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S339 Tutorial 4 April 2011
• Folding and kinematics
3.3
4.2
Sheath folds
Vergence
Fold exercises
Revision of structural terms and concepts
• Metamorphism during mountain building (Section 6)
A6.1 Mineral ID in the Virtual Microscope
• Earthquake fault-plane solutions (Figs. 7.12, 7.45)
• Dehydration melting (Figs. 7.35, 7.36)
• Exam questions to work on in pairs
(answers at
www.robingill.f2s.com/S339/Answers_folder/Trial-exam-question-answ
Out of your depth in structural geology?
Block 4 not helping much?
If so, try visiting Rob Butler’s on-line introduction to the subject at:
http://www.see.leeds.ac.uk/structure/learnstructure/
Morcles fold nappe
Helvetic Alps
Switzerland (cf. Figs. 3.3
and 5.13)
Sheath fold in rheomorphic welded pyroclastics, Pantelleria Island, off Sicily
Sheath fold in rheomorphic
welded pyroclastics,
Pantelleria Island, off Sicily
Kinematics – determining sense of movement
Choosing a fold limb to determine cleavage vergence (Box 4.2)
Lateral ramps
Mineral ID in the Virtual Microscope
‘Mineral identification is like a medical diagnosis: no one symptom
may be sufficient on its own; initial suspicions are followed by further
tests.’
Key clues to mineral identity are provided in Table 6.2.1 (Activity 4.6.2):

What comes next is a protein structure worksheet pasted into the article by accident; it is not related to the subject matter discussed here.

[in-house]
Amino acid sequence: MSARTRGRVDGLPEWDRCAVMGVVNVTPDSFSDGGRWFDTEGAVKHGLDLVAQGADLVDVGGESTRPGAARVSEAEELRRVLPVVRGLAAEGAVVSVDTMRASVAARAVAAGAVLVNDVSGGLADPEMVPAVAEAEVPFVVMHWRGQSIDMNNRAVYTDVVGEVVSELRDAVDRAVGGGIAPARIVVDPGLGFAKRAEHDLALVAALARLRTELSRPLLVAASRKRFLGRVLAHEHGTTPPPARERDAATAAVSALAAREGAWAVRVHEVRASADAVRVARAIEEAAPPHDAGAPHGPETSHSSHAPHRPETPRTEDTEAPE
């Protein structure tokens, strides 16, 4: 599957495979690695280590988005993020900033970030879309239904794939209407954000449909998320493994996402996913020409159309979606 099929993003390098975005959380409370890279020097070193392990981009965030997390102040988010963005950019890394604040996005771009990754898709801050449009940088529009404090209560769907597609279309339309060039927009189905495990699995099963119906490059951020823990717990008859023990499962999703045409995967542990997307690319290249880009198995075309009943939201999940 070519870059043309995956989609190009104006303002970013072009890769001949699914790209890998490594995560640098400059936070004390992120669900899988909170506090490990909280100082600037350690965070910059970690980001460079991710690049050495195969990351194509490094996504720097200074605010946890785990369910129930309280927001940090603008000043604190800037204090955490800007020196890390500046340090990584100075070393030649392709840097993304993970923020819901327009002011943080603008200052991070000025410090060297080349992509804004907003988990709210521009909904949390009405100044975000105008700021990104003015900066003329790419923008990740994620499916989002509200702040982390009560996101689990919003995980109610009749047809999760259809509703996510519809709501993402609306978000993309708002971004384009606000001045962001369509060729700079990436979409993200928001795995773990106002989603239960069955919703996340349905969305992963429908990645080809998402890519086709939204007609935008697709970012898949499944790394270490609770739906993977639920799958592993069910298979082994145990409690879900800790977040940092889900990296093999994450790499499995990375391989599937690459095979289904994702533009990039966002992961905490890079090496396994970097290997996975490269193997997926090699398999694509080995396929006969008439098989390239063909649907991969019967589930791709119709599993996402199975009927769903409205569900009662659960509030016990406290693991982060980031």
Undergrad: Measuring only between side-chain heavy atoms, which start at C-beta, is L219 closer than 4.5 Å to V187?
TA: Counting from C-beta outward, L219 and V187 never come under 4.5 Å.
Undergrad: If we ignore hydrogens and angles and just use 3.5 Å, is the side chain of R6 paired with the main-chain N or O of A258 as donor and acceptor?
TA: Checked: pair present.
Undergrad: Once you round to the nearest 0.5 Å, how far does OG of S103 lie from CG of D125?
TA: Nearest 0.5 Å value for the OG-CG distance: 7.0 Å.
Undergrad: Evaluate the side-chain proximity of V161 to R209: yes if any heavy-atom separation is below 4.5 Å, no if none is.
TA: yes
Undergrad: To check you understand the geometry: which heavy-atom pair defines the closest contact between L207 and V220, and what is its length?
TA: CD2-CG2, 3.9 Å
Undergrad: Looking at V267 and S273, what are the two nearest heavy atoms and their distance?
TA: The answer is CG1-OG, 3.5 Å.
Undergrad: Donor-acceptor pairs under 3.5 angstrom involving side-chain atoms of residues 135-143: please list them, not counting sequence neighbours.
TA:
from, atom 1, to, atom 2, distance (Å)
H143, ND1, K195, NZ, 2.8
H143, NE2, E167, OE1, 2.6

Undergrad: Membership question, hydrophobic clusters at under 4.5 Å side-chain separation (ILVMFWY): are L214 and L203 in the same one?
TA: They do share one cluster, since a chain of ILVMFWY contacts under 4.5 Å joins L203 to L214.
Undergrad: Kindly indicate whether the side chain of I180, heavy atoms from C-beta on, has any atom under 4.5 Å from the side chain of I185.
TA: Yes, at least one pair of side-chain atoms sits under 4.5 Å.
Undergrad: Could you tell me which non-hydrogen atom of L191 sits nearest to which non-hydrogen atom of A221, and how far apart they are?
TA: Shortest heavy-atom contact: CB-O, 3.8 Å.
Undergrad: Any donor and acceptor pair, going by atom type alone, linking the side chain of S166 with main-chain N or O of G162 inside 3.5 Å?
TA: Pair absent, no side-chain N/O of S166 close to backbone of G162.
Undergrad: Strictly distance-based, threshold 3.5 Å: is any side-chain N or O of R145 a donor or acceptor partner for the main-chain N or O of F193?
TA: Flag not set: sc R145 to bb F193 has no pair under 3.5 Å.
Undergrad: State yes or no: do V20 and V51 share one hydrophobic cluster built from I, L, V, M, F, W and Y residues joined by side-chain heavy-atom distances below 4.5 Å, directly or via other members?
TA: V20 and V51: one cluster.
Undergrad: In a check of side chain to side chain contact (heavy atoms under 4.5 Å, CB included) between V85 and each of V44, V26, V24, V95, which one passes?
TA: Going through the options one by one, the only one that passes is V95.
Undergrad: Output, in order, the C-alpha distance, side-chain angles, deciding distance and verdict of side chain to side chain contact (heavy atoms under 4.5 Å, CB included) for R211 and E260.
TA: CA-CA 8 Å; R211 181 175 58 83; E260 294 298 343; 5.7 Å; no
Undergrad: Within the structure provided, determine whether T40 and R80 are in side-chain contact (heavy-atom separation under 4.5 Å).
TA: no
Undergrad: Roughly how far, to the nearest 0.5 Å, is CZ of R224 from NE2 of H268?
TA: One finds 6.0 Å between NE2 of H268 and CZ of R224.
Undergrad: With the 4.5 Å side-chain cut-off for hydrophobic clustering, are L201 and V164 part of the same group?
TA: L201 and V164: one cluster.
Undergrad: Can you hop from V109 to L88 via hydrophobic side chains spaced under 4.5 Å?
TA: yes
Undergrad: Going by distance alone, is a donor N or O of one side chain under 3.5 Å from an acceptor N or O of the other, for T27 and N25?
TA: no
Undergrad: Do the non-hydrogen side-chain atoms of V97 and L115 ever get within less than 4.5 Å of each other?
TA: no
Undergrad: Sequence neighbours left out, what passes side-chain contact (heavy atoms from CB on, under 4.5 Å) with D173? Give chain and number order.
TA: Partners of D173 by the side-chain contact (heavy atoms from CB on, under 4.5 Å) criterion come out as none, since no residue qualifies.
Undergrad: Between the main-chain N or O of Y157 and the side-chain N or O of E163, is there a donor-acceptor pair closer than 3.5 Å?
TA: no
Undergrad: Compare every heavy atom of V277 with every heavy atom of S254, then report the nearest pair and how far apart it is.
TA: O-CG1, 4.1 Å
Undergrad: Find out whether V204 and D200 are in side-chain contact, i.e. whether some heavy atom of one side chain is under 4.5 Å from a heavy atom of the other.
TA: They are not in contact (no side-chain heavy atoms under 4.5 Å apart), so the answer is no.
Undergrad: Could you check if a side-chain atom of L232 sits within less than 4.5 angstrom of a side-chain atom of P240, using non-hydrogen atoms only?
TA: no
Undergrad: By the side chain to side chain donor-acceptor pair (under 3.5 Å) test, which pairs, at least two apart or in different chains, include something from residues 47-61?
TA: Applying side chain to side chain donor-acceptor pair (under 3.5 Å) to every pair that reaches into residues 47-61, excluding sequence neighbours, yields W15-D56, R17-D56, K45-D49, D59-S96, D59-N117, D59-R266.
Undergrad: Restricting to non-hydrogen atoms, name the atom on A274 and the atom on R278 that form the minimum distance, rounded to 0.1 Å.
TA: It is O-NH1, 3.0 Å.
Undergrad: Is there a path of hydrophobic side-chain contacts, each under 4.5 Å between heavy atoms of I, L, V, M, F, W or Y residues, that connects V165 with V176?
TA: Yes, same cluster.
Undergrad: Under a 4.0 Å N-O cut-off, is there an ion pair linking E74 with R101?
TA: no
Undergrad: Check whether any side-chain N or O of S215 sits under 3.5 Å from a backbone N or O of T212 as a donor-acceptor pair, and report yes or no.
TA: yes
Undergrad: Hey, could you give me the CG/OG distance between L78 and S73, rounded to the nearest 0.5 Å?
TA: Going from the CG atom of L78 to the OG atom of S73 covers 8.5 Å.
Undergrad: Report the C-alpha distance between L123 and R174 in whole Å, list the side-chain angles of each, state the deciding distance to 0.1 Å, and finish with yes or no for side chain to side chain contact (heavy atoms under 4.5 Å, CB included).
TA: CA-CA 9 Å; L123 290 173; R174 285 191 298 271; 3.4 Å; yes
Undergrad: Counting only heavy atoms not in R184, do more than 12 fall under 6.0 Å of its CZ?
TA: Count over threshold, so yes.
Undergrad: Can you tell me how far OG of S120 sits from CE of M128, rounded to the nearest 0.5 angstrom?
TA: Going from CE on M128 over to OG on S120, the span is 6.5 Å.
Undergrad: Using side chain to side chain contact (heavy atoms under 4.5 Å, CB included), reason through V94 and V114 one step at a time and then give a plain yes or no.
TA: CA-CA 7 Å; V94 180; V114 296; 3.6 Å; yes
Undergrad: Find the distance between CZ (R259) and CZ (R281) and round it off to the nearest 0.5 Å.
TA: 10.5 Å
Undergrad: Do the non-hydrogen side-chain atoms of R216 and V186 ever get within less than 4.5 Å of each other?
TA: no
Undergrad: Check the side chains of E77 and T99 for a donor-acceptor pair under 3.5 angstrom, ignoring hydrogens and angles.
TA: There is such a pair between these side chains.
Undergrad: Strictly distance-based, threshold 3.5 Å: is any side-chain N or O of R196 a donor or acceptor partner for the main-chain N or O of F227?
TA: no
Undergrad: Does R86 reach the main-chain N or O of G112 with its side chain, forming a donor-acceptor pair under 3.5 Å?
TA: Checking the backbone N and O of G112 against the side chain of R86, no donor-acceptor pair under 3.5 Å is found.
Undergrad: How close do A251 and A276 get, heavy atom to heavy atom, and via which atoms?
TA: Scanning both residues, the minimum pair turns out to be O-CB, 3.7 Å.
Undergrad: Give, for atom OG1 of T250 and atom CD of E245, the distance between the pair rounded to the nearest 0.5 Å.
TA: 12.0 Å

PPL
Relief
Colour and pleochroism
Cleavages/fracture
Crystal form (e.g. fibrous)
Crossed polars
Isotropic/anisotropic
Interference colour and birefringence
Straight or oblique extinction
Twinning (plagioclase)
NB: Many optical properties depend on crystal orientation (i.e. you
need to rotate the stage) and which cross-section through the mineral
the thin section offers you.
Identify the following from Table 6.2.1
1. Colourless low relief equant crystals with white interference colour and patchy
or undulating extinction.
2. Elongate high-relief crystals with pale blue to colourless pleochrism. Some crystals
exhibit 2 non-perpendicular cleavages.
3. High-relief colourless fibres with straight extinction and grey to blue interference
colours.
4. Colourless low relief equant crystals and fine opaque inclusions, some with
yellowish pleochroic haloes. Grey to white interference colour.
5. Colourless high-relief crystals with two cleavages. Grey to yellow interference
colour and straight extinction.
6. Colourless low relief elongate crystals with marked single cleavage parallel to
elongation. Bright intense interference colours and straight speckly extinction.
Fault-plane solutions explained (Figs. 7.12, 7.45)
Dehydration melting
Dehydration melting is the name given to crustal
melting associated with the breakdown (= dehydration)
of a hydrous mineral such as muscovite at high T.
In dehydrating, it reacts with other minerals present
to form a hydrous melt and a new, wholly anhydrous
mineral assemblage (see equation).
Granite formation by dehydration melting does not
occur under water-saturated conditions (dashed
solidus right), because any melt formed would be
unable to ascend without solidifying. The curved path